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I believe one advantage of synthetics, is you can go longer between changes. For years, I thought synthetics were nonsense. I drive mostly old cars and bikes, that were designed to use petroleum based products. Why pay 4x for oil, if you are going to change it 2-3 times per year. Why? Don't - it makes absolutely no sense.

Like so many for-sale ads; "Changed oil every 2-3K miles with Mobil-1." If you use a superior oil, why do you change it so often? When I drive a car 20K miles per year, I change oil often and use what the manufacturer calls for.

I change the oil in our car once a year using pure synthetic, it is a 2007 and has always had the oil changed annually since it was new.


Once while the wife was very sick and we lived in hospitals more than at home, I forgot the car's oil change. the car was making round trips to the hospitals everyday, my daughter and I took turns baby sitting my wife 24 hrs 7 days for nine months.

when I remember the oil needed to be changed, I was appalled that it had almost 16,000 miles on it.

Turns out that is not as sacrilegious as I thought it would be. The oil check 'tech' typed in 5w30, it was 5w20 as spec'd by GM.
 

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I change the oil in our car once a year using pure synthetic, it is a 2007 and has always had the oil changed annually since it was new.


Once while the wife was very sick and we lived in hospitals more than at home, I forgot the car's oil change. the car was making round trips to the hospitals everyday, my daughter and I took turns baby sitting my wife 24 hrs 7 days for nine months.

when I remember the oil needed to be changed, I was appalled that it had almost 16,000 miles on it.

Turns out that is not as sacrilegious as I thought it would be. The oil check 'tech' typed in 5w30, it was 5w20 as spec'd by GM.
I has amazed me at times, when changing oil on an old bike or car I just bought and the oil comes out very nasty, BUT later when pouring it out of the pan and into the container for recycling I notice how sticky the oil still is. It's dirty, but still protecting the moving parts. Best of health to your wife and family. JD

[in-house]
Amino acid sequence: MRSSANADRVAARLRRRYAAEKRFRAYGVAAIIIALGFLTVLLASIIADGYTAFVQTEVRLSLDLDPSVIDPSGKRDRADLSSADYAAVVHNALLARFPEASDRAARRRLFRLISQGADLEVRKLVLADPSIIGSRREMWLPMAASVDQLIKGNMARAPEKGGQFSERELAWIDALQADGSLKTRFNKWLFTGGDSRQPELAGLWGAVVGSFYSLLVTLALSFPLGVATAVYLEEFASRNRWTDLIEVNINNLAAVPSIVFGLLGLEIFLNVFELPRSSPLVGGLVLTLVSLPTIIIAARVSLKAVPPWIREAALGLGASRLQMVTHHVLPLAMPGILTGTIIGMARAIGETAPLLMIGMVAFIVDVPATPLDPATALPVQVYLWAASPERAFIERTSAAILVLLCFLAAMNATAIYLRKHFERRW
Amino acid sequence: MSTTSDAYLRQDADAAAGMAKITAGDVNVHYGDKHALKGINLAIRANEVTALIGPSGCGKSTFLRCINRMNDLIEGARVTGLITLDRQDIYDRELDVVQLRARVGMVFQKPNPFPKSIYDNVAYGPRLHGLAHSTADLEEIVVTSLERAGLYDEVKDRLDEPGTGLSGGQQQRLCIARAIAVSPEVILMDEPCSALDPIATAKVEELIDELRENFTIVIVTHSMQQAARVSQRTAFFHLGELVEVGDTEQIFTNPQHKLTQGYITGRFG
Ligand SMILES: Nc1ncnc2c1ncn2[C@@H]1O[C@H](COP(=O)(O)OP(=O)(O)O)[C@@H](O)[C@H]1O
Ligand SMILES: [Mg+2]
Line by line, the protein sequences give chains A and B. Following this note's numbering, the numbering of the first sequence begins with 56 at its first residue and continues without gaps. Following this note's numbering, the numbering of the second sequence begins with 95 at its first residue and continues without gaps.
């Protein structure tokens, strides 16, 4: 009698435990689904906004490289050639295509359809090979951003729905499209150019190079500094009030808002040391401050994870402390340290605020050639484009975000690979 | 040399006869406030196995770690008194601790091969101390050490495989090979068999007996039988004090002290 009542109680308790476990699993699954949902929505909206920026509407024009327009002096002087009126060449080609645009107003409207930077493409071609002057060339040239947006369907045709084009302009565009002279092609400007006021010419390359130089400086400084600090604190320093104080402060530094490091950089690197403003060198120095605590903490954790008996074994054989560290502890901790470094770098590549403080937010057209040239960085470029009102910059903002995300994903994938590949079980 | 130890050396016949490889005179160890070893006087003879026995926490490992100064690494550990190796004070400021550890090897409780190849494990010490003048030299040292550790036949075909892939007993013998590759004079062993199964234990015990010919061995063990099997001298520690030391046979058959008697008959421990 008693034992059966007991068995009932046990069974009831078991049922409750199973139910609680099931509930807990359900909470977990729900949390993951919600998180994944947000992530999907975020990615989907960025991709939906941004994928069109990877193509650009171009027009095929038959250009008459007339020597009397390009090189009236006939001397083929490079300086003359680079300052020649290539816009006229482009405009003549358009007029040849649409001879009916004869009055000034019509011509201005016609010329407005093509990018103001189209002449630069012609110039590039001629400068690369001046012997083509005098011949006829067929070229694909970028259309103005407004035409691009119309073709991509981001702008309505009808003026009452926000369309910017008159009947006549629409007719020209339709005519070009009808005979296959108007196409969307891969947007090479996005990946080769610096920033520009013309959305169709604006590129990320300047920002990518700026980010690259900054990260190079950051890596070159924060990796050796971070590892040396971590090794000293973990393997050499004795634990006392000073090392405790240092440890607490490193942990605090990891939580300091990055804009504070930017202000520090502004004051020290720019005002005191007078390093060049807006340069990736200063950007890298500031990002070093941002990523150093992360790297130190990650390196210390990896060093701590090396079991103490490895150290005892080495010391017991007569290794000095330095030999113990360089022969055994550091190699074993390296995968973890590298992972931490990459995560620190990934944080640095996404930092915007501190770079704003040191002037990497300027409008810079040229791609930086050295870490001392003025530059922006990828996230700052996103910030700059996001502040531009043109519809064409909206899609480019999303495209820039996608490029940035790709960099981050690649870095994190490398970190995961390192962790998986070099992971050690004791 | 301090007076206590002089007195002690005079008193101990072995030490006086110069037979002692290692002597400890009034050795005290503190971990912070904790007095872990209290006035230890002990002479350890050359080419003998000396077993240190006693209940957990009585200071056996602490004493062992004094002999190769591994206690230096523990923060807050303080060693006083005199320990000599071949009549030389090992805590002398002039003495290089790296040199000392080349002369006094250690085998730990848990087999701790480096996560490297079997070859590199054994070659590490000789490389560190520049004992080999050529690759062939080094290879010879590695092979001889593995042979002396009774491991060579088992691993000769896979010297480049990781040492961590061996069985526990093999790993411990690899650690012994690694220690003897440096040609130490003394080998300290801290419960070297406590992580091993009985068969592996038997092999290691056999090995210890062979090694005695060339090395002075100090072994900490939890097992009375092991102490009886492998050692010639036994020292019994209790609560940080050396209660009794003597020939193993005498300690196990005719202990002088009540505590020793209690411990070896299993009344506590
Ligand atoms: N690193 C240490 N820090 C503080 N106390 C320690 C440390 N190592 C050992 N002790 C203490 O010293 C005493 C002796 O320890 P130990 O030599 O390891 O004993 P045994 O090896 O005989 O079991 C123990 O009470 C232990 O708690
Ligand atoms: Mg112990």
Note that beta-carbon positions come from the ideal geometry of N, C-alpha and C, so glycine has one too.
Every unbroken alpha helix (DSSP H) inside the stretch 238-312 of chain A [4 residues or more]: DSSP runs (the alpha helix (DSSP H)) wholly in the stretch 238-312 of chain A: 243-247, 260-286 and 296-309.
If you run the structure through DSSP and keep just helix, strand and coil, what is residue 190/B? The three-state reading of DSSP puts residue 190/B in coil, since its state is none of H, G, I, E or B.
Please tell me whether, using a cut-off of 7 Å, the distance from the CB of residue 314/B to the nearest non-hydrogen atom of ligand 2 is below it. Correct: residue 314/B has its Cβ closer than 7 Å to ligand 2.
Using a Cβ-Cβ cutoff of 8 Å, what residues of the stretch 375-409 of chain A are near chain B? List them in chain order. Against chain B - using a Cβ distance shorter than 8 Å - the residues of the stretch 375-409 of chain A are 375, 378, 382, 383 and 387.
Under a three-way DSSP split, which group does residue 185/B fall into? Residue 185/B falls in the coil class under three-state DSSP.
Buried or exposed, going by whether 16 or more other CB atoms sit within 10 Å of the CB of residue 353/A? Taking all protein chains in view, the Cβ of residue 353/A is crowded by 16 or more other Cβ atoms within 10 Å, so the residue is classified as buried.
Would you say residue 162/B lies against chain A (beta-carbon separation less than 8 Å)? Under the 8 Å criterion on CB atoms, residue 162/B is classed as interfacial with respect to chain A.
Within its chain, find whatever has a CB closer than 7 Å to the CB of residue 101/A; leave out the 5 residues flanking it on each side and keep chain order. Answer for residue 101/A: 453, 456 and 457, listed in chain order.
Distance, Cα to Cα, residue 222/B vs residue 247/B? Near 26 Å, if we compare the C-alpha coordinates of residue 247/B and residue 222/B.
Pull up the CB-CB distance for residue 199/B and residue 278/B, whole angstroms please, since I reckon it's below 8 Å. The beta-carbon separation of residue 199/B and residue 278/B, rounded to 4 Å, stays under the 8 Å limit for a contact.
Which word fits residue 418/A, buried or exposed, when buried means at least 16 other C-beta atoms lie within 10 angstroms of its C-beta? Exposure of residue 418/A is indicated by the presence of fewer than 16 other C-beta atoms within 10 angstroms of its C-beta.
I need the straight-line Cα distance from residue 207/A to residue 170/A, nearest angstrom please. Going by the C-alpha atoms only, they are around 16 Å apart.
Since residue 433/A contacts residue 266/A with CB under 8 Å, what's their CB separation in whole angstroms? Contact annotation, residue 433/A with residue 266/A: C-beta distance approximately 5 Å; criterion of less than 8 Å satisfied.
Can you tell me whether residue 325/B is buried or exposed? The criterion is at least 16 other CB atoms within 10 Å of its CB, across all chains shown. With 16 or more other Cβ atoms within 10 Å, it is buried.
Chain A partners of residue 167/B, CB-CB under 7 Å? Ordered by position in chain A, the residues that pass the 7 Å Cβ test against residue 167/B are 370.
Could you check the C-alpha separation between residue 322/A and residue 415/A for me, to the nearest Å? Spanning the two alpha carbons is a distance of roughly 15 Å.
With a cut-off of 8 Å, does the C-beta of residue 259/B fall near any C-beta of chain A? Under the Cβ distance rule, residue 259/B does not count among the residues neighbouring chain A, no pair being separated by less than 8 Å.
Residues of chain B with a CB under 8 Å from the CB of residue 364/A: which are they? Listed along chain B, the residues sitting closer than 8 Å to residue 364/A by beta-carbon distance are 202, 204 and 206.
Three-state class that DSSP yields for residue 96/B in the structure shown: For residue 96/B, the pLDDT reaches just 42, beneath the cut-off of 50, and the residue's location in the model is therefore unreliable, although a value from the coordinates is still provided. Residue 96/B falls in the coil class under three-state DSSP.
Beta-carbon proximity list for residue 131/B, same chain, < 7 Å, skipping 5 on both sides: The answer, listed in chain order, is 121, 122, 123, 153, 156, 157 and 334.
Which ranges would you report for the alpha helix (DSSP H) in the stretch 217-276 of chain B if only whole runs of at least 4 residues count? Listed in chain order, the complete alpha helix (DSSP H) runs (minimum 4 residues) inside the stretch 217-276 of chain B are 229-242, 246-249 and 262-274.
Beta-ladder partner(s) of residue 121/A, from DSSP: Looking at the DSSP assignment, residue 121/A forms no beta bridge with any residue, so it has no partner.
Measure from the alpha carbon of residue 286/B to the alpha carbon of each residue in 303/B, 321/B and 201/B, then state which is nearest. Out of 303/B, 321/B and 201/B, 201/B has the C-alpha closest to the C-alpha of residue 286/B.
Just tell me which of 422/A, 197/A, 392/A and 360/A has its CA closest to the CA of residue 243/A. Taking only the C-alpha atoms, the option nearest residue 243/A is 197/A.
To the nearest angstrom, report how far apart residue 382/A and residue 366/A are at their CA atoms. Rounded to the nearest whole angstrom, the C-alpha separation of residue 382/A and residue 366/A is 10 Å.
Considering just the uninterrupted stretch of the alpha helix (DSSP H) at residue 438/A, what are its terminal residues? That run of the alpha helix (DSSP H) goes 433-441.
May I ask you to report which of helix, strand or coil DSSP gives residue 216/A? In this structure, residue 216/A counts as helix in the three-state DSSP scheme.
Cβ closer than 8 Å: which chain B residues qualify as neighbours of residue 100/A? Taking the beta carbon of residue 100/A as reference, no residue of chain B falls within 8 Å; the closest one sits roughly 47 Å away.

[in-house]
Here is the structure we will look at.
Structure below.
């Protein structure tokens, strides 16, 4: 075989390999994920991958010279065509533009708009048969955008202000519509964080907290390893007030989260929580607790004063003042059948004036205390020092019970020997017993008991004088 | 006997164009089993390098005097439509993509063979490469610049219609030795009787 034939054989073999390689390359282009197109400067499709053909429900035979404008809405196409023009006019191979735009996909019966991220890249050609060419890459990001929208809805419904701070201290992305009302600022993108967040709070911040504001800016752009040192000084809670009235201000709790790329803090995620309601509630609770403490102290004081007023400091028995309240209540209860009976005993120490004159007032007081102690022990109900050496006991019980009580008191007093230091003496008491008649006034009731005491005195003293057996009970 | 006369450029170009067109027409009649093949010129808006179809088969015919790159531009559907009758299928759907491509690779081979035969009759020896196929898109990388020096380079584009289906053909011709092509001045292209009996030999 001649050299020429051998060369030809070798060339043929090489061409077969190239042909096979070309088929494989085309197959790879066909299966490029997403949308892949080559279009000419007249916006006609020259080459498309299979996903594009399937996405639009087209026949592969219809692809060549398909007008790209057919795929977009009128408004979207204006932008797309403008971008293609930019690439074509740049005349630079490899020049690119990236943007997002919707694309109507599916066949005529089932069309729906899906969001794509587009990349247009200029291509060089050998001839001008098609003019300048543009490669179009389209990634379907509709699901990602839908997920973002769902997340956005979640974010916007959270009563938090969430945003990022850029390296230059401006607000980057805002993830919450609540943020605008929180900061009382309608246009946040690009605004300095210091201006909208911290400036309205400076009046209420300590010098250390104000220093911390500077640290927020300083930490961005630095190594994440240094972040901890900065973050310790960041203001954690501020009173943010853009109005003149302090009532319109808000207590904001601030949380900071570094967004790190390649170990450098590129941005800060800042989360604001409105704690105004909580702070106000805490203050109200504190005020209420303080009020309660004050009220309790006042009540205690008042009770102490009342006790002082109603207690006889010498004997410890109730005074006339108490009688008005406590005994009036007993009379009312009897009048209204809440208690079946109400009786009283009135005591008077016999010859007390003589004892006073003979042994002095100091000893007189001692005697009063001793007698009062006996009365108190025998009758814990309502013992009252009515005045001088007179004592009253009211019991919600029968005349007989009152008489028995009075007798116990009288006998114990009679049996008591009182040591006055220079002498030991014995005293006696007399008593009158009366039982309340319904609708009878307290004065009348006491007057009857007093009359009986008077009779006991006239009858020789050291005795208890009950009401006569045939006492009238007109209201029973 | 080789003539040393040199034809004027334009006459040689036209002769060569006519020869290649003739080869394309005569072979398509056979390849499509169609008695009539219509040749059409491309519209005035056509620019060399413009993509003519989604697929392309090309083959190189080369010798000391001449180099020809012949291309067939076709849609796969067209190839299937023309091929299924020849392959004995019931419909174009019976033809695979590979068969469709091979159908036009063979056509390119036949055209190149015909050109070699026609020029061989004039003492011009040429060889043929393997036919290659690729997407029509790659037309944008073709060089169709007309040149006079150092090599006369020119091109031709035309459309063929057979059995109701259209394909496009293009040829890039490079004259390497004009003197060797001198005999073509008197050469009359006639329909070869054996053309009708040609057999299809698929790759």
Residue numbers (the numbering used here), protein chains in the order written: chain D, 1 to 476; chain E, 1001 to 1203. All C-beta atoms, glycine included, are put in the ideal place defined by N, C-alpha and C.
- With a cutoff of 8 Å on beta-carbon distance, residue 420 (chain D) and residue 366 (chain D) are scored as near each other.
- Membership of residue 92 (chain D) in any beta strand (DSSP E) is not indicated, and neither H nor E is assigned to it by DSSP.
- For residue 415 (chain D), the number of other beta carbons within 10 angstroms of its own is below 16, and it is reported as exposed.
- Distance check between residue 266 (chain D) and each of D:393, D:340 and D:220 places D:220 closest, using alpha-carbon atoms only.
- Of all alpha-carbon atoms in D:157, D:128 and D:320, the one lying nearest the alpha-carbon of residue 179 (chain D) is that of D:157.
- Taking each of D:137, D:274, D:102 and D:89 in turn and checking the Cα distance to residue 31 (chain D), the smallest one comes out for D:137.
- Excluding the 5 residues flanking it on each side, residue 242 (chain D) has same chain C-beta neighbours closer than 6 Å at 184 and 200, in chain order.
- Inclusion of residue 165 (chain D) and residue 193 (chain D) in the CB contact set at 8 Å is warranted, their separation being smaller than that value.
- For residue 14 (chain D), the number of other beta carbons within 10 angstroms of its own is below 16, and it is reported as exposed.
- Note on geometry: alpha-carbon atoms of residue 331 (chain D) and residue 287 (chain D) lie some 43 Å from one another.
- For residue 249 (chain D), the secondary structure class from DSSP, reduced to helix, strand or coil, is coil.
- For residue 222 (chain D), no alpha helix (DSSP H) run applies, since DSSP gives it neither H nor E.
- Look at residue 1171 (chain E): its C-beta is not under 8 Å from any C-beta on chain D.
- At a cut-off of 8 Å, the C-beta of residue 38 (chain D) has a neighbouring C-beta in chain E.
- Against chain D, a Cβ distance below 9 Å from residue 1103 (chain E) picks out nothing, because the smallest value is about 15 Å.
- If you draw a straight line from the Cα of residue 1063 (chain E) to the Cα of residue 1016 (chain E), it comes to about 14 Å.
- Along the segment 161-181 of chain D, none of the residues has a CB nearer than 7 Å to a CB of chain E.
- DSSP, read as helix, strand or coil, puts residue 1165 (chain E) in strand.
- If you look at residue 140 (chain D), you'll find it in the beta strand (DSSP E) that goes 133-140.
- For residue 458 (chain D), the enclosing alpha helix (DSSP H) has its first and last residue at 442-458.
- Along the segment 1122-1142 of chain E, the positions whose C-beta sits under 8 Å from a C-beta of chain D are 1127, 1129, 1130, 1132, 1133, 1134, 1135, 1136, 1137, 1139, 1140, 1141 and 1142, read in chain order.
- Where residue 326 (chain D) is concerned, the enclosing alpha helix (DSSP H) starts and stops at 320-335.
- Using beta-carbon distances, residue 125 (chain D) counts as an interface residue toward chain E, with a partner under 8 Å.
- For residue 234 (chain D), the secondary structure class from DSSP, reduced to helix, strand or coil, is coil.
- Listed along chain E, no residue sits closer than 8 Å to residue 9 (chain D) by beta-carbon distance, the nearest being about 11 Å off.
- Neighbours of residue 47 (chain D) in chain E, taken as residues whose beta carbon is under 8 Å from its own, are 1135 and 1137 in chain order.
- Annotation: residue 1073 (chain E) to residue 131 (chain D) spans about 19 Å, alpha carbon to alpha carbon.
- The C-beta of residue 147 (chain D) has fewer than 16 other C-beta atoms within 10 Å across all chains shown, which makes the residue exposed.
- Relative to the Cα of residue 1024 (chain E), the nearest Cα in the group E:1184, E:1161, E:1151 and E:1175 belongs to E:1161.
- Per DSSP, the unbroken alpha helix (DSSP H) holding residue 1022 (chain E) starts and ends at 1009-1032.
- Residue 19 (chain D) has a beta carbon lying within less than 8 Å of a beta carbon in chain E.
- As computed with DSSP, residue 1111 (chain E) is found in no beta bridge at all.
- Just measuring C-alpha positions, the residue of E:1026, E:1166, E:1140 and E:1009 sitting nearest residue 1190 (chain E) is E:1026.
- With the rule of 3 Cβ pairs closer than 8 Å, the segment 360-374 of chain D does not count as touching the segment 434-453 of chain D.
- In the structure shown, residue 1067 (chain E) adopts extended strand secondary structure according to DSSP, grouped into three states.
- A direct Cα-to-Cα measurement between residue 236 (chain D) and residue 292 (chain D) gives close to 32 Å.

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BUT later when pouring it out of the pan and into the container for recycling I notice how sticky the oil still is. It's dirty, but still protecting the moving parts. Best of health to your wife and family. JD
Engine oil has three functions. To lubricate, (duh). But also to carry away heat from friction. It is also designed to suspend solids. Just because it's slippery doesn't mean it's protecting. Synthetics are great, but they need to be used correctly. The oil make last a long time, but it still needs to be filtered. Synthetic once a year. Oil filter twice.
 

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Engine oil has three functions. To lubricate, (duh). But also to carry away heat from friction. It is also designed to suspend solids. Just because it's slippery doesn't mean it's protecting. Synthetics are great, but they need to be used correctly. The oil make last a long time, but it still needs to be filtered. Synthetic once a year. Oil filter twice.

on the Pontiac Vibe, you have to either have a lift, or a basement ramp like in the Jiffy Lubes. the oil filter is covered up with a big plastic shield full width of the car.


a couple days ago, we got to hearing a dragging noise under the car.
I laid down and looked, and low and behold, all of the metal bolts had been removed from that shield and it was now dragging on the ground.


when I saw how easy it was going to be for me to do my own oil changes now, I took the 3 remaining bolts out of the left side, and threw that shield away.